The 10 most popular Illustrator tutorials from 2014 by leading illustrators and designers.
These are the most popular Adobe Illustrator tutorials that we've published during 2014 - covering techniques for designing brilliant art, graphics and type. Written by some of the UK and Europe's best creatives, these five tutorials cover how to bring a vector portrait to life, how to design an animal in the shape of a letter, how to add a sense of motion to a vector graphic or artwork, how to decorate type and how to design vector patterns to be printed or lasercut for hanging as art.
In this tutorial, Eelco van den Berg lets you behind the curtain to see how he creates his incredible vector portraits by turning a photo into a ‘poppy’ vector illustration.
You will learn quick and easy Photoshop adjustments that prepare artwork for translation into vector shapes. He shows you how to trace the basic shapes using the main tools in Illustrator, and how to use layers to organise the photos and your new vector artwork.
In this tutorial, illustrator Eric Van Den Boom explains how you can use lines and patterns to add a sense of motion to your illustration or photograph.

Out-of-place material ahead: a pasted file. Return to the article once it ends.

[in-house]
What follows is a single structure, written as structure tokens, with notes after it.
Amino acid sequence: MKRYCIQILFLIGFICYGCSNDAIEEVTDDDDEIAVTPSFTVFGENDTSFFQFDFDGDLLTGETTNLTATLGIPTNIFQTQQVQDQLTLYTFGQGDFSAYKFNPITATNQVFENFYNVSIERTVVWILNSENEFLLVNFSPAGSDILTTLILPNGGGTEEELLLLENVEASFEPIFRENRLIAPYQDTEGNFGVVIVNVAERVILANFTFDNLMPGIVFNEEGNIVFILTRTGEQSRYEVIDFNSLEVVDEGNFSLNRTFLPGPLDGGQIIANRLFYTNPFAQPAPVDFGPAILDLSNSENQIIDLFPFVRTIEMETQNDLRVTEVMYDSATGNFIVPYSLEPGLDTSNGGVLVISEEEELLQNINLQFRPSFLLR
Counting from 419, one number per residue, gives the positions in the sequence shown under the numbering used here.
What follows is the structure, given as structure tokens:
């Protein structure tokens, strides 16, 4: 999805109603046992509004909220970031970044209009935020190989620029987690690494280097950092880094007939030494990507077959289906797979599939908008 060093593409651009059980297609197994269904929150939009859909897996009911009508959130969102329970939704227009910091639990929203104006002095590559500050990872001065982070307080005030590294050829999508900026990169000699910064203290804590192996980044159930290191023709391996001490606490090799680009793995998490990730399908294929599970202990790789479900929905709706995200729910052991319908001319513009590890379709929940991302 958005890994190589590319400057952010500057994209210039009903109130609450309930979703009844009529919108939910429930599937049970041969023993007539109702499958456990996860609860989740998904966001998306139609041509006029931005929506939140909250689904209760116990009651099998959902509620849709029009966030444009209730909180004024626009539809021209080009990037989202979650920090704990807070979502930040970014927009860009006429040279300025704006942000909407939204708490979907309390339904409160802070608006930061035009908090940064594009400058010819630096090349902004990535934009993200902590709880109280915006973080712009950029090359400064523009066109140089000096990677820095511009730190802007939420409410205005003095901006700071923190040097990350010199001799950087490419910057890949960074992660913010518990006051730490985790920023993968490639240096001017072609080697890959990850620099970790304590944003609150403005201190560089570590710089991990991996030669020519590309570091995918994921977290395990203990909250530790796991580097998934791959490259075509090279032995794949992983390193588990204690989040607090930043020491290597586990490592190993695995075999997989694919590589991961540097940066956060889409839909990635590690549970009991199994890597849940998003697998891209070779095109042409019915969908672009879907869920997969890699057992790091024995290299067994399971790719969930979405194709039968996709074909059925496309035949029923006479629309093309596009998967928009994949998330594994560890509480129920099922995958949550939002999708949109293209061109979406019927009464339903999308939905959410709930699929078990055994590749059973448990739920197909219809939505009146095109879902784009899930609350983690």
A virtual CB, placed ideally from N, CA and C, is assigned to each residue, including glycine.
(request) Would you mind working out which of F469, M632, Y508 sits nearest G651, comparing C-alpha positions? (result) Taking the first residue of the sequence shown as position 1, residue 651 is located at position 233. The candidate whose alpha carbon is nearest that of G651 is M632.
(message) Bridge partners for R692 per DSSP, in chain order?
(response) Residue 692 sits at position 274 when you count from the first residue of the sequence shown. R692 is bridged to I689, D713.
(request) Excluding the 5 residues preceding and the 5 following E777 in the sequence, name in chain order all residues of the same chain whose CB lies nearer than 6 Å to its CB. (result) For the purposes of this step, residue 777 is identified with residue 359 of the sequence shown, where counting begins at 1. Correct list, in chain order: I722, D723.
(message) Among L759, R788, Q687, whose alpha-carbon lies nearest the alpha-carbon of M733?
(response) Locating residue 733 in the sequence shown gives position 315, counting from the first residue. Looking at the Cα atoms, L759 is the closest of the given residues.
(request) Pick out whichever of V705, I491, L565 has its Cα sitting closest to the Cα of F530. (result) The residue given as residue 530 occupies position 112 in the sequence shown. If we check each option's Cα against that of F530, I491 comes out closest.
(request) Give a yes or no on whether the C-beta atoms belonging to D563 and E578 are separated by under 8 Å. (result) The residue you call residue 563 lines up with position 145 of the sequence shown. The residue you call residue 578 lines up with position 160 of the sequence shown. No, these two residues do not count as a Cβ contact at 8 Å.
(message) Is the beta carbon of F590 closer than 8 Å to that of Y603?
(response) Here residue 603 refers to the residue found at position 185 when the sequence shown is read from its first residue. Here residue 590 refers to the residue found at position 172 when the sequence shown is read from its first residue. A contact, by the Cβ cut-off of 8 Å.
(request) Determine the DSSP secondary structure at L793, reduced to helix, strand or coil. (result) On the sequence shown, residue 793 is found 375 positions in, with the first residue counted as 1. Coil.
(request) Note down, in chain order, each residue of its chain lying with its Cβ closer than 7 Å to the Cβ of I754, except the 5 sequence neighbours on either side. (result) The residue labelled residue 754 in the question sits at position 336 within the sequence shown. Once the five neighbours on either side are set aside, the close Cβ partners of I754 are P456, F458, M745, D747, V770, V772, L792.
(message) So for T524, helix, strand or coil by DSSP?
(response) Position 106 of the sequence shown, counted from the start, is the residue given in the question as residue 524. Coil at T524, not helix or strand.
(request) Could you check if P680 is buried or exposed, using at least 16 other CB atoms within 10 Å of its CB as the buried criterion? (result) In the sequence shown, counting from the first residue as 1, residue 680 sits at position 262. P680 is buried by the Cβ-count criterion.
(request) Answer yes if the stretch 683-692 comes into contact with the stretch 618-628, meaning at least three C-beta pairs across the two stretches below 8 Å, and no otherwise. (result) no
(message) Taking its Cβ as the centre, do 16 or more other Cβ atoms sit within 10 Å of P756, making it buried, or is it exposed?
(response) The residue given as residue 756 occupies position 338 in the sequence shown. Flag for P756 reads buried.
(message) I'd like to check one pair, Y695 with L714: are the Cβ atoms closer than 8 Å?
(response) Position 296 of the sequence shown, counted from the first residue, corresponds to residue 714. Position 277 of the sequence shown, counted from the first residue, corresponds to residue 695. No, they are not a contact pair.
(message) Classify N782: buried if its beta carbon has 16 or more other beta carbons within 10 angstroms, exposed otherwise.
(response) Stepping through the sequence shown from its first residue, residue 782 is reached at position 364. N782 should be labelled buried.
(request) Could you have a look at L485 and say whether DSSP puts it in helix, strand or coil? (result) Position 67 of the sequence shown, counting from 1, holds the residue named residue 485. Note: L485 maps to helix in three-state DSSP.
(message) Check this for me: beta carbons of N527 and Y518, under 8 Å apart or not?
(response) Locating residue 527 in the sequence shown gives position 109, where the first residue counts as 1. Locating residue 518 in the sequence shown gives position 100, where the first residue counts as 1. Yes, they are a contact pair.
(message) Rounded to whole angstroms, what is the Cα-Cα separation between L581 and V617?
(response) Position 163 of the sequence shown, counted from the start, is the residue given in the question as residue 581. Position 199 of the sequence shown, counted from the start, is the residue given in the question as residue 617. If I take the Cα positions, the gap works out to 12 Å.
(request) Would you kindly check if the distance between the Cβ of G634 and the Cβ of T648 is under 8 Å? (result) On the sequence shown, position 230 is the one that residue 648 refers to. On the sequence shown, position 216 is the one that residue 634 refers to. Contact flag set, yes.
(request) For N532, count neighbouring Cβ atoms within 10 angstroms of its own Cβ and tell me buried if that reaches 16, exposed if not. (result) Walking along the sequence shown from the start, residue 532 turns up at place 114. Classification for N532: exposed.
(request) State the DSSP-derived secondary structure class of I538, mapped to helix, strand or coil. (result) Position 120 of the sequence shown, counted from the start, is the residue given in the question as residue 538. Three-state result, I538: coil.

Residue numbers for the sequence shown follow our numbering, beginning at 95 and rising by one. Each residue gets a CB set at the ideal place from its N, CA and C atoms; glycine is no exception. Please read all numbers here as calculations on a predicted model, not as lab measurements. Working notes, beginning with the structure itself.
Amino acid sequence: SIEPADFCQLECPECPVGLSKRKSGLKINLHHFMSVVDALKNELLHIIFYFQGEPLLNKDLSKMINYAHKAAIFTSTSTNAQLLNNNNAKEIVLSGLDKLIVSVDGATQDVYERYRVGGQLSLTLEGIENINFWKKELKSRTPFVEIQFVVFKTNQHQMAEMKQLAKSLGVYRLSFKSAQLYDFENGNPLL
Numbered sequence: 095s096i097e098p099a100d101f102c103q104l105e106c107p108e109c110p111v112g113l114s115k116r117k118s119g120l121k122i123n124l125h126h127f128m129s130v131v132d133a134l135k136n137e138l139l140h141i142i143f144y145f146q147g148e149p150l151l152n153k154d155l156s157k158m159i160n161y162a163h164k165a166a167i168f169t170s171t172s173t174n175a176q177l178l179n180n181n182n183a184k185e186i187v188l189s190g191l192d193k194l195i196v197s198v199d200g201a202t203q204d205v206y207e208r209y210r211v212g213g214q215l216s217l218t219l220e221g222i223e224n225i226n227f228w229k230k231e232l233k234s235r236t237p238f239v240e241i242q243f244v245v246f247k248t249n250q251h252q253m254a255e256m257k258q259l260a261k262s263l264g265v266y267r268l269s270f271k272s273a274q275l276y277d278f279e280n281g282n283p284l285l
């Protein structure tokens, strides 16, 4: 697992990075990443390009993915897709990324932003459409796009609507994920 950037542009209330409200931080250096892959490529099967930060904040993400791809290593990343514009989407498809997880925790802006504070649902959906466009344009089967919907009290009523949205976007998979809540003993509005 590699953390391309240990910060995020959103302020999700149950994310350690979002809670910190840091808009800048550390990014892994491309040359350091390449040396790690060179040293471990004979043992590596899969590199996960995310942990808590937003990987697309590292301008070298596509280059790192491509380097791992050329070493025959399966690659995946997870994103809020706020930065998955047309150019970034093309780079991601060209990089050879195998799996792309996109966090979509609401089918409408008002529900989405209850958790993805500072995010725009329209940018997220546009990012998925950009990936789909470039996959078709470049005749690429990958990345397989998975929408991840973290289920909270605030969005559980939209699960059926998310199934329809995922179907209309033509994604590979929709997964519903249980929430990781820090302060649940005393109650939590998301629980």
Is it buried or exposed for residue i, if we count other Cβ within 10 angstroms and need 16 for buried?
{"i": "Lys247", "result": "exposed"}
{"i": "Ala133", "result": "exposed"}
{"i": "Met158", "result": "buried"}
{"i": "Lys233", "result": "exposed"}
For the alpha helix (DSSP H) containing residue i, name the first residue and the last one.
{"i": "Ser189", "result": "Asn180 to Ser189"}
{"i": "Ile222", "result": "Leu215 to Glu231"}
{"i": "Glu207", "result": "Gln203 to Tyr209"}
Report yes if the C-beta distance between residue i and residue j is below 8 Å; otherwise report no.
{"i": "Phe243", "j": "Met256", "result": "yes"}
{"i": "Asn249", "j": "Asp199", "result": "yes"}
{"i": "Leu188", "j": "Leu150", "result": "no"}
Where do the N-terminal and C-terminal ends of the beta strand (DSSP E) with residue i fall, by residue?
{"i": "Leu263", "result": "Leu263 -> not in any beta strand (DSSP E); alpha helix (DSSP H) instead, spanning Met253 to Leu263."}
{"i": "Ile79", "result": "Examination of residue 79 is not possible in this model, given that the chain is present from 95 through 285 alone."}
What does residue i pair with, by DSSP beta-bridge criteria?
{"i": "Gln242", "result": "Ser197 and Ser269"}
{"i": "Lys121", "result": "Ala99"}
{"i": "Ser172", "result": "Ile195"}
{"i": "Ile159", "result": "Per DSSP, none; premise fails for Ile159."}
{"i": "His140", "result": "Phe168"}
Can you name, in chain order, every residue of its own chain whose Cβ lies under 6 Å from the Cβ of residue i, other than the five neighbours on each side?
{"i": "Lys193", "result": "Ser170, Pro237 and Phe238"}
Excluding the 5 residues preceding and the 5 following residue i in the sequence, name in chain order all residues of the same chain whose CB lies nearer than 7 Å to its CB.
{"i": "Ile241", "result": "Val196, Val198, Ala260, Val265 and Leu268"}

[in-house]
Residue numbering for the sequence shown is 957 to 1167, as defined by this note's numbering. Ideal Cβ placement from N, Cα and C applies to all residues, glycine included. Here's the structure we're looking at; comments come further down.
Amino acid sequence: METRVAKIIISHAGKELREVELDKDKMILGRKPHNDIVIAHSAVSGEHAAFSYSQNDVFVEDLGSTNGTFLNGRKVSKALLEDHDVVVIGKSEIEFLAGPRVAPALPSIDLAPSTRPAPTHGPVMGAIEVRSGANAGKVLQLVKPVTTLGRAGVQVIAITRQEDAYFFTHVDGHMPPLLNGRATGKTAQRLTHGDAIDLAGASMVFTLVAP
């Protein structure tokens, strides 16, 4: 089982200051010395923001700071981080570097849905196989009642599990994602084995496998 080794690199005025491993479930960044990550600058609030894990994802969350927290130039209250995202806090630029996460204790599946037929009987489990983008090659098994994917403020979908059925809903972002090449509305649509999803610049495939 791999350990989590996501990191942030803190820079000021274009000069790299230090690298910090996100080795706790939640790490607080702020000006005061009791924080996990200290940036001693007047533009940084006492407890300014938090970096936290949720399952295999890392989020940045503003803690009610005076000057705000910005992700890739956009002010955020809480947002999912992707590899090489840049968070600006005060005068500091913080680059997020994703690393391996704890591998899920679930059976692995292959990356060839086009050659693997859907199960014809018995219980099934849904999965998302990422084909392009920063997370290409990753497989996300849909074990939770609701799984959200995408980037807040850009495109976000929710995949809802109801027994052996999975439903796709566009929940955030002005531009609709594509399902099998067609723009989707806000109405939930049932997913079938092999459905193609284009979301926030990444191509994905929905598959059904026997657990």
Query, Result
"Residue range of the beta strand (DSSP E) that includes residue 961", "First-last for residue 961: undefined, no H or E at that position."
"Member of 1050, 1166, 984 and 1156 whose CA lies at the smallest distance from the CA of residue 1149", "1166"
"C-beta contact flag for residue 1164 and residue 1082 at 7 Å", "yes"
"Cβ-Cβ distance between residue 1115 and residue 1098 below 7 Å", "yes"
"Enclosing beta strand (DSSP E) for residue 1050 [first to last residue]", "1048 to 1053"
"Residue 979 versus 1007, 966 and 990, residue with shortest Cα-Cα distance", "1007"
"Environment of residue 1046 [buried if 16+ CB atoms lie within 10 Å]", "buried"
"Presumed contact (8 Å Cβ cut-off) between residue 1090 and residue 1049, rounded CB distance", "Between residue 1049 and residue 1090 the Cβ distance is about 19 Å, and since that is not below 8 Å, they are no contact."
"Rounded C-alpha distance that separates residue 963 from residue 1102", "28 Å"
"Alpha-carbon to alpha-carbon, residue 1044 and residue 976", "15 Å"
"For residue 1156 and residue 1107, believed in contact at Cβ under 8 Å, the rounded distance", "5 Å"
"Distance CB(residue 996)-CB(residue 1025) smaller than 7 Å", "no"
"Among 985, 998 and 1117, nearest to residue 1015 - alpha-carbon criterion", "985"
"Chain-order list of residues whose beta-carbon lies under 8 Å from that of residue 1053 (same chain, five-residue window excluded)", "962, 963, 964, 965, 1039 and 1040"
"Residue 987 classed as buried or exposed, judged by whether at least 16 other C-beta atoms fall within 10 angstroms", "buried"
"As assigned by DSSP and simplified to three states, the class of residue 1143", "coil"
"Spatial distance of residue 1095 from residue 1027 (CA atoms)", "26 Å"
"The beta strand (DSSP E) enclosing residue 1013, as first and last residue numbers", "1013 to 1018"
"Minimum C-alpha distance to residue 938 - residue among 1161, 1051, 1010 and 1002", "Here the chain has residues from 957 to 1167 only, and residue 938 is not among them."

Here you’ll learn how to make your own pattern swatches and transform them. You’ll then use them to make your football player appear to be at the centre of the action, resulting in a more dynamic piece.
Adding ornaments to type has enjoyed a revival recently, but it's an artform which has been around for many centuries.
Whether you want to create a logo, a graphic for anything from video or animation to packaging, or a headline – this tutorial will show you the basics of adding ornament to type in conjunction with Illustrator techniques such as Live trace and the Pathfinder panel.
Illustrator Marcus Reed says that the idea behind his Animal Alphabet project was to create an engaging and creative way of helping children learn about animals and the alphabet, through the mediums of flash cards and prints.
He used geometric shapes and symmetry for the illustrations, a muted palette and use of space to help give a stylised approach to the concept.
Here he details the approaches he used for one of the letterforms, L is for Lion, from initial sketches to vector design in Illustrator to the final artwork.
Barnsley’s ‘Enlightened Exhibition’ (made possible by Cutting Technologies and design studio DMSQD) brought together a selection of artists and designers to create lasercut pieces of art and furniture to show quite what’s capable of the lasercutting technology in 2014.
For the show, artist Ben The Illustrator designed a new surface pattern inspired by the Australian rainforest, a lush little scene featuring a Wompoo Fruit Dove, which he then developed into a (rather heavy) lasercut metal installation.